“Globally, the ships are growing bigger in size as ship owners want to leverage on more profits by carrying more cargo running few ships, while shippers want to get lower freight costs through economies of scale. The biggest ships in the market, such as Maersk Emma, MSC Oscar, and others, are now almost 20,000 TEUs capacity.

“Ports thus face the challenge of providing space to accommodate these monstrous ships, and that's the reason why we are continuing to expand. In the coming years, we will reclaim more land from the sea, as we believe that the future of efficient cargo handling is more in the containers, this, more space,” he added.

And during a tour of the ICD in Nairobi, Head of KPA Corporate Affairs, Bernard Osero expressed satisfaction with the performance at the Inland Port saying it has continued to record high-efficiency levels.

"A year ago the cargo dwell time at the container depot was 23 days. Today I am happy to note that 80 percent of all cargo is leaving the Inland Container Depot within four days and our average dwell time has gone down to below six days. This is because of the efforts by both Government agencies and the private sector in ensuring that we make business smooth and efficient," he told People Daily.

He said since the SGR cannot stand alone without being complemented with other facilities for delivery of the goods and services and efficiency of the cargo handling process, the situation thus creates the need for the establishment of inland container depots.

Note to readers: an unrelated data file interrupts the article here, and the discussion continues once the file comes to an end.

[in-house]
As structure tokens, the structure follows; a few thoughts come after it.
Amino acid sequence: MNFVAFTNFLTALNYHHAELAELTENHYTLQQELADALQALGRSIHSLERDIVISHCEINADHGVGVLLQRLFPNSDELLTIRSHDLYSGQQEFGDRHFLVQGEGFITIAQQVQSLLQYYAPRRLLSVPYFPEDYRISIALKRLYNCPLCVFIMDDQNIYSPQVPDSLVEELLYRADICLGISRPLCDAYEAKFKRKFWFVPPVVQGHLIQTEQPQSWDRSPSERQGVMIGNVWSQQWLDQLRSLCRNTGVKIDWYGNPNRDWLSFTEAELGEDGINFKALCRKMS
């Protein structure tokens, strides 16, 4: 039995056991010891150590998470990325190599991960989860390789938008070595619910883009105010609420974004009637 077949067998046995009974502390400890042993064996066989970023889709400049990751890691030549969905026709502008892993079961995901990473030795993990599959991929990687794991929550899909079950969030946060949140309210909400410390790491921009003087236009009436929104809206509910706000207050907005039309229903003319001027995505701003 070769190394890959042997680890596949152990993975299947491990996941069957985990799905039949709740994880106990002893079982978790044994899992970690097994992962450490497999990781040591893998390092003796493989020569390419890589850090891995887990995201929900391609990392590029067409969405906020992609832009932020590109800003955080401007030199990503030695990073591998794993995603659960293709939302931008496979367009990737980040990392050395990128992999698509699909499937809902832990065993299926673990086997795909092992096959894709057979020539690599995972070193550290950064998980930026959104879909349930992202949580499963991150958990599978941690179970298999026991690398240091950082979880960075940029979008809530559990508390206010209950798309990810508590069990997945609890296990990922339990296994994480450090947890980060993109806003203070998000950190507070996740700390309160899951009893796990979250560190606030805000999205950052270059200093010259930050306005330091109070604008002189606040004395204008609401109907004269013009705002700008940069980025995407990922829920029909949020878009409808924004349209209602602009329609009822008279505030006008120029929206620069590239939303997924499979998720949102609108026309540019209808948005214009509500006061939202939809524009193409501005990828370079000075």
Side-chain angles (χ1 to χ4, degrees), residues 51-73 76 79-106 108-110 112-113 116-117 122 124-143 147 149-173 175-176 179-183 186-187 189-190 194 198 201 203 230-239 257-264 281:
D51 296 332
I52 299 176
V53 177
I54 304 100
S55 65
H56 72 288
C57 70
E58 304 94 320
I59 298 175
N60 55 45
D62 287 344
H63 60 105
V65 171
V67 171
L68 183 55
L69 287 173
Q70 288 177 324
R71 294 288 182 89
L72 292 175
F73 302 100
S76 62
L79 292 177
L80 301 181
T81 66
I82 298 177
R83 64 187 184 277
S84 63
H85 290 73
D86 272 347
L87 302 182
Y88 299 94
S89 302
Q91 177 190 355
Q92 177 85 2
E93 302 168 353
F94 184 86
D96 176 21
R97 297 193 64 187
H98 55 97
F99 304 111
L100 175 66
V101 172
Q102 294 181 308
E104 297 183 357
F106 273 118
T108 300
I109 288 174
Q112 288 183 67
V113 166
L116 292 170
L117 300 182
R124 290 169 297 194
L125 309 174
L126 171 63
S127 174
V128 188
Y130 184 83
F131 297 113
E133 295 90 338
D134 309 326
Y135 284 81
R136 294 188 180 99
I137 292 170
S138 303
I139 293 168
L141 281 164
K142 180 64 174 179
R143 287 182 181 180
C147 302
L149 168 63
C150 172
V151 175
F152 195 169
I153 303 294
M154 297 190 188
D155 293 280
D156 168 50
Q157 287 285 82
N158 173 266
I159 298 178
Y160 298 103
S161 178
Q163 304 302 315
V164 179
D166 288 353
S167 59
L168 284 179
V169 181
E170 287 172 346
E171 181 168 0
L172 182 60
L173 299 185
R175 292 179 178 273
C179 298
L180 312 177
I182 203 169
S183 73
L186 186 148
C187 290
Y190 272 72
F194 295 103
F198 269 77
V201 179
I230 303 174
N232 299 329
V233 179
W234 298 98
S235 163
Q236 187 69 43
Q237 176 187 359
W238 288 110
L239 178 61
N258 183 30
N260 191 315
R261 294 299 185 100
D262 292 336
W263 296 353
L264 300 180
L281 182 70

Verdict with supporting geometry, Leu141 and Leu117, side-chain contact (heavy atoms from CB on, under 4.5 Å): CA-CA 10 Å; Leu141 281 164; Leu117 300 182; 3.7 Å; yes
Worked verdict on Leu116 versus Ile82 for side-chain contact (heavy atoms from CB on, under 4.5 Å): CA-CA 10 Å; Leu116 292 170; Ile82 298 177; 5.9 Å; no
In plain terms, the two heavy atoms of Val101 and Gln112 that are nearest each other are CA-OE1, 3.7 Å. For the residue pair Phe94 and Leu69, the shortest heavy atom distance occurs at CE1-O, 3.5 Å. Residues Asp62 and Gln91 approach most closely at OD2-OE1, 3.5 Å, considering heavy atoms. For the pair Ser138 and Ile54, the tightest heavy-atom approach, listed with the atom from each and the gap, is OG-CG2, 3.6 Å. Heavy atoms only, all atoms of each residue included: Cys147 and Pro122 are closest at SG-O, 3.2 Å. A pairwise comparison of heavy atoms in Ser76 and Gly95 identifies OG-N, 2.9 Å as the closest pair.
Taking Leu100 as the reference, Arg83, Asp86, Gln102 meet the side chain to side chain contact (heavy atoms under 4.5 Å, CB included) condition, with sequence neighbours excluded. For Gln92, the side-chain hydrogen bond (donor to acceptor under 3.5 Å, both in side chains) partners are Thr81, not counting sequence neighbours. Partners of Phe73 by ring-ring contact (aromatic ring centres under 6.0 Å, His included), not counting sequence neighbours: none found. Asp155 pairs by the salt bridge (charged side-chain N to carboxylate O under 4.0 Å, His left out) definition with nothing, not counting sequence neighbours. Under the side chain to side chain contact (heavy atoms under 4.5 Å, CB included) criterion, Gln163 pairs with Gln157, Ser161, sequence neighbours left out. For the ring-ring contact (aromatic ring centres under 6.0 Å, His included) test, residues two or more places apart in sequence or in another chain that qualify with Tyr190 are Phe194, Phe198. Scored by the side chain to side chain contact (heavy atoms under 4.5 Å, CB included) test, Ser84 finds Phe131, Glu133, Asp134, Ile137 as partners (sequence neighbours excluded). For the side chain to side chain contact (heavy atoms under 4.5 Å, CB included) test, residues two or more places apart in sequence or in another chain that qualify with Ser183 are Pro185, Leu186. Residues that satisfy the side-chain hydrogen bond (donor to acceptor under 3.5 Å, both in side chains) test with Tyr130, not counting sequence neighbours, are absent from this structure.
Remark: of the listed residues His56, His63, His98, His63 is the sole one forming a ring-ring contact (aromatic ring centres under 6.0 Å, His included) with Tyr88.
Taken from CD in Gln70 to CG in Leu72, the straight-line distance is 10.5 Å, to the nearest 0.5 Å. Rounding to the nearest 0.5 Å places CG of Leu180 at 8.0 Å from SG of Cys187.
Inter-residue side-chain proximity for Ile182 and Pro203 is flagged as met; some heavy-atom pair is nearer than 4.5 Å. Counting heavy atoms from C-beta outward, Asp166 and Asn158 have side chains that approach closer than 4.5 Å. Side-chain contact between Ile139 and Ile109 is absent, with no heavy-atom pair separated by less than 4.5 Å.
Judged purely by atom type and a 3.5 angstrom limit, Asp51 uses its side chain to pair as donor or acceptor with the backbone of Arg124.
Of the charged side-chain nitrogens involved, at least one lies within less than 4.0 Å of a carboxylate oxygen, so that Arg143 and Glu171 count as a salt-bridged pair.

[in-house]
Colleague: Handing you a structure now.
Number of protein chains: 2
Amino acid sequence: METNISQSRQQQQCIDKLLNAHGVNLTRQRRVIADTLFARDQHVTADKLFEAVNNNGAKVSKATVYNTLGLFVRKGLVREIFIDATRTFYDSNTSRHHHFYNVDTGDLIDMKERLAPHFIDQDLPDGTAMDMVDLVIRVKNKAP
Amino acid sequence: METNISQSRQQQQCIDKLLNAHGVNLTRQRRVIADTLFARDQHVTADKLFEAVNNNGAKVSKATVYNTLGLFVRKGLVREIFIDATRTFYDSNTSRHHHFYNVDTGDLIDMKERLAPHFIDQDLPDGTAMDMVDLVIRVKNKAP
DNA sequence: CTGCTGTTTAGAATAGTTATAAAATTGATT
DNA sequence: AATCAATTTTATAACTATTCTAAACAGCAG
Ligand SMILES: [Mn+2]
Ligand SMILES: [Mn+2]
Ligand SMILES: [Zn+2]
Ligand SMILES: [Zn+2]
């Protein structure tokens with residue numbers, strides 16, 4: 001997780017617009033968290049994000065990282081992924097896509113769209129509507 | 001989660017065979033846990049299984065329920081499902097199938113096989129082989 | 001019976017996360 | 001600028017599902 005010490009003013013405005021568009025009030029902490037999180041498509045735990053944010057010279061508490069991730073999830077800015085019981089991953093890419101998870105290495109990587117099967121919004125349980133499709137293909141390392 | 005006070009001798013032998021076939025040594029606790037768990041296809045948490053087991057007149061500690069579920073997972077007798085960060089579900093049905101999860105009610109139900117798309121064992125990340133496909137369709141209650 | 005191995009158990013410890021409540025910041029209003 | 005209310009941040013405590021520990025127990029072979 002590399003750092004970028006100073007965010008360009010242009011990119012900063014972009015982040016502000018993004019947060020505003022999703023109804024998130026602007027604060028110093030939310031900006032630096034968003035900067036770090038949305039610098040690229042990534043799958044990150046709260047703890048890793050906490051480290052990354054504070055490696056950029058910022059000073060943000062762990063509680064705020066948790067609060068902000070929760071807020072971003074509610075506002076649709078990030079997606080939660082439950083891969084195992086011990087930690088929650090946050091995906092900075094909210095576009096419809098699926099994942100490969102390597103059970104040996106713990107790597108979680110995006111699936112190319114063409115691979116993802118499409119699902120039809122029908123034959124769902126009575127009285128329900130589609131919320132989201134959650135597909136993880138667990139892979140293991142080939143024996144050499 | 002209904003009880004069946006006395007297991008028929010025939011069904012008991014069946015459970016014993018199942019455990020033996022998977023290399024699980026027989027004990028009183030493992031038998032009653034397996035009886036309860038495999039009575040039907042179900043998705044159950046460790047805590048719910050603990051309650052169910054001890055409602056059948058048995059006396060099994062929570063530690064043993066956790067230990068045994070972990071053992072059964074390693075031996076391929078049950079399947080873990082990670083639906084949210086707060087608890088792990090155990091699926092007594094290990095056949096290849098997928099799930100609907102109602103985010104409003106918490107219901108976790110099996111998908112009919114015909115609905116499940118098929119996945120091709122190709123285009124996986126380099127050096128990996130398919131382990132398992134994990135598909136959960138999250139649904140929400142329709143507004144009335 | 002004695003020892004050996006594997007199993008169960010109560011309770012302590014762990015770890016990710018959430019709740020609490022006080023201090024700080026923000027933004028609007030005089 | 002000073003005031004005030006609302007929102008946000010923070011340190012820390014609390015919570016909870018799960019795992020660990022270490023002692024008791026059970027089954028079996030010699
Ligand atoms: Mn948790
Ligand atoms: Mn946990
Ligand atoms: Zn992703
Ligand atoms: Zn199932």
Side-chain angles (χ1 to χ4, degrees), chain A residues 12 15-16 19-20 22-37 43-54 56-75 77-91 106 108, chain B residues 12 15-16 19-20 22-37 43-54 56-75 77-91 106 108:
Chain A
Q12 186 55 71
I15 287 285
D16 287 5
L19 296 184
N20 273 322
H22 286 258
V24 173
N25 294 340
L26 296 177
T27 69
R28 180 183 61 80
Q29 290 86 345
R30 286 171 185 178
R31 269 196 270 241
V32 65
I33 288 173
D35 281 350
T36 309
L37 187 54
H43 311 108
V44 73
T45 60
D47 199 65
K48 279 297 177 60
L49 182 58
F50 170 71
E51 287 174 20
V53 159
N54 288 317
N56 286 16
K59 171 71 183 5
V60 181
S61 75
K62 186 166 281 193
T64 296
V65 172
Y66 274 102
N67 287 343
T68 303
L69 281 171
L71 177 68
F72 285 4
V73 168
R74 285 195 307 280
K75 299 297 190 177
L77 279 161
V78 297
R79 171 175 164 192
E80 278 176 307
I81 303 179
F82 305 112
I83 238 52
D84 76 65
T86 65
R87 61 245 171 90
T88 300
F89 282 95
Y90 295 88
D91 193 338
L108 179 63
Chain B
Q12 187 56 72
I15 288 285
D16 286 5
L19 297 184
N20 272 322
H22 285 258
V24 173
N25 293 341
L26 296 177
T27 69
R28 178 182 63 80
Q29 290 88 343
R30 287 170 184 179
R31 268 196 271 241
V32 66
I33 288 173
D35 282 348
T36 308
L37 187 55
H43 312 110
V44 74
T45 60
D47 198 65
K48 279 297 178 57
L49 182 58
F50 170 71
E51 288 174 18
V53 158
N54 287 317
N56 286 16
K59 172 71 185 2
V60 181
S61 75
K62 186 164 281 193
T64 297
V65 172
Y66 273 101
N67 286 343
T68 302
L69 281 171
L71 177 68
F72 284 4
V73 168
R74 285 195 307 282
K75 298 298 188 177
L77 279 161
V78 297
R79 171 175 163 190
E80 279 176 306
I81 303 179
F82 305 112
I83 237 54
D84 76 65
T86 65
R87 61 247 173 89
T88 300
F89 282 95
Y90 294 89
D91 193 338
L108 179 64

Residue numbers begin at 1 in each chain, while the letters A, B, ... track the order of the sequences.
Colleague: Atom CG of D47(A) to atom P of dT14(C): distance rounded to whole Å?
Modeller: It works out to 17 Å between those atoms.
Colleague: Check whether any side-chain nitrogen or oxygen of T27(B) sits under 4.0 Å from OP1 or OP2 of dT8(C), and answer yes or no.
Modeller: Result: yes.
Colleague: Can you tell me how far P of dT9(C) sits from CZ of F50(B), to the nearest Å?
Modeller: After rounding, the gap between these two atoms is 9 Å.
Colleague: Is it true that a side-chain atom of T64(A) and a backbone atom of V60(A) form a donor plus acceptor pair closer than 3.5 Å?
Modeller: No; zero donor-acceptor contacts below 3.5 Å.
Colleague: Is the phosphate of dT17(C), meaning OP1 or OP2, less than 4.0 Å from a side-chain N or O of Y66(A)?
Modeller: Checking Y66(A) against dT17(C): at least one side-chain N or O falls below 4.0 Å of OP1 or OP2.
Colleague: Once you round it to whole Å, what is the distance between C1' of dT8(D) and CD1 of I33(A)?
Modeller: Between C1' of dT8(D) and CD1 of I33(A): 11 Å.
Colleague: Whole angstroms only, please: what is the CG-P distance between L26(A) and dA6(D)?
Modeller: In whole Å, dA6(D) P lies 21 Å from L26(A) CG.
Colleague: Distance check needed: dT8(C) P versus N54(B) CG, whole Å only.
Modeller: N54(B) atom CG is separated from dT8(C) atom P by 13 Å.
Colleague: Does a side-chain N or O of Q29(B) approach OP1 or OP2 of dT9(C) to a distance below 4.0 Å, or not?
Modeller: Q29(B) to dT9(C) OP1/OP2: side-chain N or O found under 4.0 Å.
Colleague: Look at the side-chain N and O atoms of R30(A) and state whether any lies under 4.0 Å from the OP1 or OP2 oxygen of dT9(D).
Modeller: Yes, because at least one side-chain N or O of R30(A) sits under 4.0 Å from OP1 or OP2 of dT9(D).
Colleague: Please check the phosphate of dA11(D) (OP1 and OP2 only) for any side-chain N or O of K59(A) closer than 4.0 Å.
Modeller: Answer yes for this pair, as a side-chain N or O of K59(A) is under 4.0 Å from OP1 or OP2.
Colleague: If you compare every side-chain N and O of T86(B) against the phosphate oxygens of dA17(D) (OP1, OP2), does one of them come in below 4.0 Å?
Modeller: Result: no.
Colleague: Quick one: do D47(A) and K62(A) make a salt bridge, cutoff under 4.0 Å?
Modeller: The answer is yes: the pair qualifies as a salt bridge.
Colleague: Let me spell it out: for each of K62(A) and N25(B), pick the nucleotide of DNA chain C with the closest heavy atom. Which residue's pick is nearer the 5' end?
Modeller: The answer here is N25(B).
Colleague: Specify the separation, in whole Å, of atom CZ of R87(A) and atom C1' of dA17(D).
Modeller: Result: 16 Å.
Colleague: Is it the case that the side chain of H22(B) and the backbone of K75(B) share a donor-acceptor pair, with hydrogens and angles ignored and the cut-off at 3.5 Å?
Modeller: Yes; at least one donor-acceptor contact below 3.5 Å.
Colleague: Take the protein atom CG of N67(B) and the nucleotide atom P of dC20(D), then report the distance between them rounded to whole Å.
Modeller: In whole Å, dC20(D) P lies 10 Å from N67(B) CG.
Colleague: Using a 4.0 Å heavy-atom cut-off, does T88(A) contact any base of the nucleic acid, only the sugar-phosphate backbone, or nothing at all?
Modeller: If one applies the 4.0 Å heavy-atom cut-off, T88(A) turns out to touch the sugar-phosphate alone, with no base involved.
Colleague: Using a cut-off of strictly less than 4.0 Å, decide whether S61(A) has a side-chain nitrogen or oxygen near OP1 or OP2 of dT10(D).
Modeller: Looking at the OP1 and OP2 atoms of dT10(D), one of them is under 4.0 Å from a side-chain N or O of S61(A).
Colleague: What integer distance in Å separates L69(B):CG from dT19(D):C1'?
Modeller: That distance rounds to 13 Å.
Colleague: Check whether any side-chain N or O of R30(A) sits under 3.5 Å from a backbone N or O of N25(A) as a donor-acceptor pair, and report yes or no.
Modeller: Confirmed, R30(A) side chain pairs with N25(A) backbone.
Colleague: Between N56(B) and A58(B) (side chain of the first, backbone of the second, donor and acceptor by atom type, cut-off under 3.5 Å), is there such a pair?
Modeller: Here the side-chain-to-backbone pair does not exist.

Osero said KPA is in the process of looking at possibilities of identifying others along the corridor and border points to facilitate trade.

“In terms of cargo evacuation from the Port of Mombasa to the ICD- Nairobi by the SGR, currently there's an average of 8 to 10 trains each carrying 108 containers daily,” he said.

In 2017, the port throughput performance grew from 30.34 million tons to 30.92 million tons in 2018 representing a growth of 1.9 percent.

Osero attributed the increased cargo volume mainly to the containerised cargo which posted a notable increase of 10 percent, accounting for 41 percent of the total throughput in 2018.

The ICD Nairobi container traffic performance data shows that 277, 347 TEUs were recorded at the in August 2019 from 175, 156 imports in the same period in 2018 when 257, 972 TEUs were entered from 177, 652 imports.

KPA is projecting this to grow to 429, 848 TEUs from 273, 420 imports.

“Our import cargo dwell time has also reduced from over 13 days last year to current 6 days, and over 50 percent of cargo being cleared within 4 days free period,” he added.

However, with the rosy numbers, players in the transport and logistics industry have stated that this will push them out of business.

There are about 7, 500 trucks on the highway between Mombasa and the Kenyan borders.